Moscow eventually could not hold onto Uzbekistan, in the 70s, Sharaf Rashidov, an Uzbek party leader, gained control. Moscow made an effort to recover the country by pushing out the Uzbek leadership members. This only contributed to strengthening Uzbek nationalism and resentment toward Soviet policies was strong. In the 80s Mikhail S. Gorbachev only cultivated a greater need for opposition groups. Finally, in 1991 Uzbekistan became independent from the Soviet Union and Karimov became president of the Republic of Uzbekistan. After becoming independent, the country has been working to build a democratic state with a market economy.
As a traveler going to Uzbekistan you will encounter a culture of over two millennia and alluring ancient cities with delicate and preserved architecture. You can discover the Silk Road and its legacy. Learn more about Uzbekistan main attractions, visa requirements, and travel tips further down.
Uzbekistan Basic Information
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When to Go
Uzbekistan has nothing to envy to other countries around the world and it is a top destination for architecture and history lovers. As far as the weather goes, here is our advice on when to go to Uzbekistan:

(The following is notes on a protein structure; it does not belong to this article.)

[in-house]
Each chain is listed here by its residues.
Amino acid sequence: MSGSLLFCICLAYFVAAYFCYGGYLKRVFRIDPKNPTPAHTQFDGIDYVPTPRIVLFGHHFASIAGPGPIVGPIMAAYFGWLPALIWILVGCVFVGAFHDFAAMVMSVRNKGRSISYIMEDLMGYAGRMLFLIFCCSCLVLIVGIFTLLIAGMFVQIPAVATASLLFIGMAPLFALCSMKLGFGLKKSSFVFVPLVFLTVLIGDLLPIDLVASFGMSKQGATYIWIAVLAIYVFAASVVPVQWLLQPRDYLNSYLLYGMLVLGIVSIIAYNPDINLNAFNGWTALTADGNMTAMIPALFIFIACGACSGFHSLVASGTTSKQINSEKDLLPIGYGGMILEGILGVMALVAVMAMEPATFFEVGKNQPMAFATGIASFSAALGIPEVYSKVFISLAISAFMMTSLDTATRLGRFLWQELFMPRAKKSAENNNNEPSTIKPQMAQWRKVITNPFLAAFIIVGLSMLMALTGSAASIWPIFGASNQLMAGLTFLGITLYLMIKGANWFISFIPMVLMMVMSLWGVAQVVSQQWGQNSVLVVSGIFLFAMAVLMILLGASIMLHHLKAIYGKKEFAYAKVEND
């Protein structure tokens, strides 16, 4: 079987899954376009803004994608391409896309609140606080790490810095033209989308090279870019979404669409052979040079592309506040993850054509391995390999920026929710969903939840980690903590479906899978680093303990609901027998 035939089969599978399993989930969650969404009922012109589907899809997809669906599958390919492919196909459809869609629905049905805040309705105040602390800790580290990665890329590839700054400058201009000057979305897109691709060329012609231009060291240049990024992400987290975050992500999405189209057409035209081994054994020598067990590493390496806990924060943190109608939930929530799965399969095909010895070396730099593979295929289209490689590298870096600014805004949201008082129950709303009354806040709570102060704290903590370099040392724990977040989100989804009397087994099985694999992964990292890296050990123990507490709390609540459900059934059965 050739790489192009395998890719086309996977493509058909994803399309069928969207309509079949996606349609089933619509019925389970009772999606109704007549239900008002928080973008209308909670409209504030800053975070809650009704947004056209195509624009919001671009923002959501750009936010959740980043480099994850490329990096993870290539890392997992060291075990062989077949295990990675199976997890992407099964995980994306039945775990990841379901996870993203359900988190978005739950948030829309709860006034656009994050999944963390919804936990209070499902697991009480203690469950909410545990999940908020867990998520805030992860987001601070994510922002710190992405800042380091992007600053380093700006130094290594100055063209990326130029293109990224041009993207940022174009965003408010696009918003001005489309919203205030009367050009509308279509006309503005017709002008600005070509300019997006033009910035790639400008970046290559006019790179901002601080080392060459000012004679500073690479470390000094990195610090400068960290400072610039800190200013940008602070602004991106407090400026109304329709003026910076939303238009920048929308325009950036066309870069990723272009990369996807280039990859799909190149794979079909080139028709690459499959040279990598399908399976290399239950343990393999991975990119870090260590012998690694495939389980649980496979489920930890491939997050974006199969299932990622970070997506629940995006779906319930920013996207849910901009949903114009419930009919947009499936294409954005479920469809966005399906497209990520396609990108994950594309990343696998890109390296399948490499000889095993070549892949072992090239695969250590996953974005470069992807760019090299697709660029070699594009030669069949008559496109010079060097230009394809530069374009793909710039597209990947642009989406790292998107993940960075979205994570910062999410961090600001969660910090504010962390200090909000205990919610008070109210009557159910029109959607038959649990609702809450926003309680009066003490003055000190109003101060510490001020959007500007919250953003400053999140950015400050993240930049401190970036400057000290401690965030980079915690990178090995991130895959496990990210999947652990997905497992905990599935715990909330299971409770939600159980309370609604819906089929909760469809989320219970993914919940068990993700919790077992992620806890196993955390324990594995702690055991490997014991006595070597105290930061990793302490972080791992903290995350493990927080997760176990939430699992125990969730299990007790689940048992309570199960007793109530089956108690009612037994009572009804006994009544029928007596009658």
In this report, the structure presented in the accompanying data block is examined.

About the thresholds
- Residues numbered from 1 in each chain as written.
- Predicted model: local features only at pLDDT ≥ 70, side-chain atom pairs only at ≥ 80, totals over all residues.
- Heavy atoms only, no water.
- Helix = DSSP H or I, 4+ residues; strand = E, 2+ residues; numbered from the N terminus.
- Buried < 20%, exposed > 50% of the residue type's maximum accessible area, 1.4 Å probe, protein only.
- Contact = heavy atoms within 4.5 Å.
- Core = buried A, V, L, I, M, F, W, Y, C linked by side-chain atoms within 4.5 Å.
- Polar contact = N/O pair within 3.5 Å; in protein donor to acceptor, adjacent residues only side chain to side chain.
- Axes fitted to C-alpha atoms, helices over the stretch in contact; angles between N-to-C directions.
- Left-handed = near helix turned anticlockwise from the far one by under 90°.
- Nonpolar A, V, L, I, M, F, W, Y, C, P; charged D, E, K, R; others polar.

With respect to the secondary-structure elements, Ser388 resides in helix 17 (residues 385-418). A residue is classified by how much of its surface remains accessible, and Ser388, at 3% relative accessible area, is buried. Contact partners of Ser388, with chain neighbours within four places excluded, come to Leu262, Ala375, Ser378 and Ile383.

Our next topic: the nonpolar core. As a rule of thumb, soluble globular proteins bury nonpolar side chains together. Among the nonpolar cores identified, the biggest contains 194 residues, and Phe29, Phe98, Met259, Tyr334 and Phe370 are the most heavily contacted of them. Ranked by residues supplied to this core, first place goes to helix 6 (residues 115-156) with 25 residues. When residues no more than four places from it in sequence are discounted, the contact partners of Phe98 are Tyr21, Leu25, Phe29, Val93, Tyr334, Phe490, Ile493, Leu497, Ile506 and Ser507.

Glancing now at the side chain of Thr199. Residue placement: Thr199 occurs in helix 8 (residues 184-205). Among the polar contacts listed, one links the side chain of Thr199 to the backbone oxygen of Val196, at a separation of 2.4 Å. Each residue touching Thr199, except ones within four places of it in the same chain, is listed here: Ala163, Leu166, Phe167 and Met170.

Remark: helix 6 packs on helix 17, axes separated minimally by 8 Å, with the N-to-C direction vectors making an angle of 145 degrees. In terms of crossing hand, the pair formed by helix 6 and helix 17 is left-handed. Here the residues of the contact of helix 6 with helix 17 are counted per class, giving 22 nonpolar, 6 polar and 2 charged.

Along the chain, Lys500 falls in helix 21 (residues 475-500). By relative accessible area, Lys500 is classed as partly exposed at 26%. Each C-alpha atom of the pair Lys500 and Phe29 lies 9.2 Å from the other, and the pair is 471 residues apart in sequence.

April to June: The skies remain clear, the sun shines brightly and there’s a lovely cool air that makes it a perfect combination for visitors.
July and August: Summer is a tough season and the heat is quite extreme. The plus side? Hotels drop their prices.
September and October: The heat drops, but the weather stays warm. It doesn’t get cold either.
Uzbekistan is a good destination for:
Uzbekistan Entry Requirements
A visa to go to Uzbekistan is required for almost all nationalities. The process, however, is not as difficult as some may think. Your papers should be in order before traveling to Uzbekistan. Upon arrival, visitors must complete two identical customs declarations forms, one to turn to customs and one to give when you depart the country. You will have to declare every last cent of the money you bring into Uzbekistan.
Please note that you will be asked to register at your hotel every night of your stay, these registration slips will be required when you leave the country. The law indicates that you are obliged to register somewhere at least within three days of arriving, but it is recommended to do so on your first day. Some hotels are licensed to take foreigners and this grants you automatic registration. Few travelers choose to stay at private homes. If so, they must register at the local Office of Visas & Registration.
Uzbekistan Country Atractions
If you do choose to travel to Uzbekistan, you will be mesmerized with the buildings and religious monuments. Certainly, there’s much more to the Uzbek than its architecture, we will share Uzbekistan top attractions along with some fun trivia.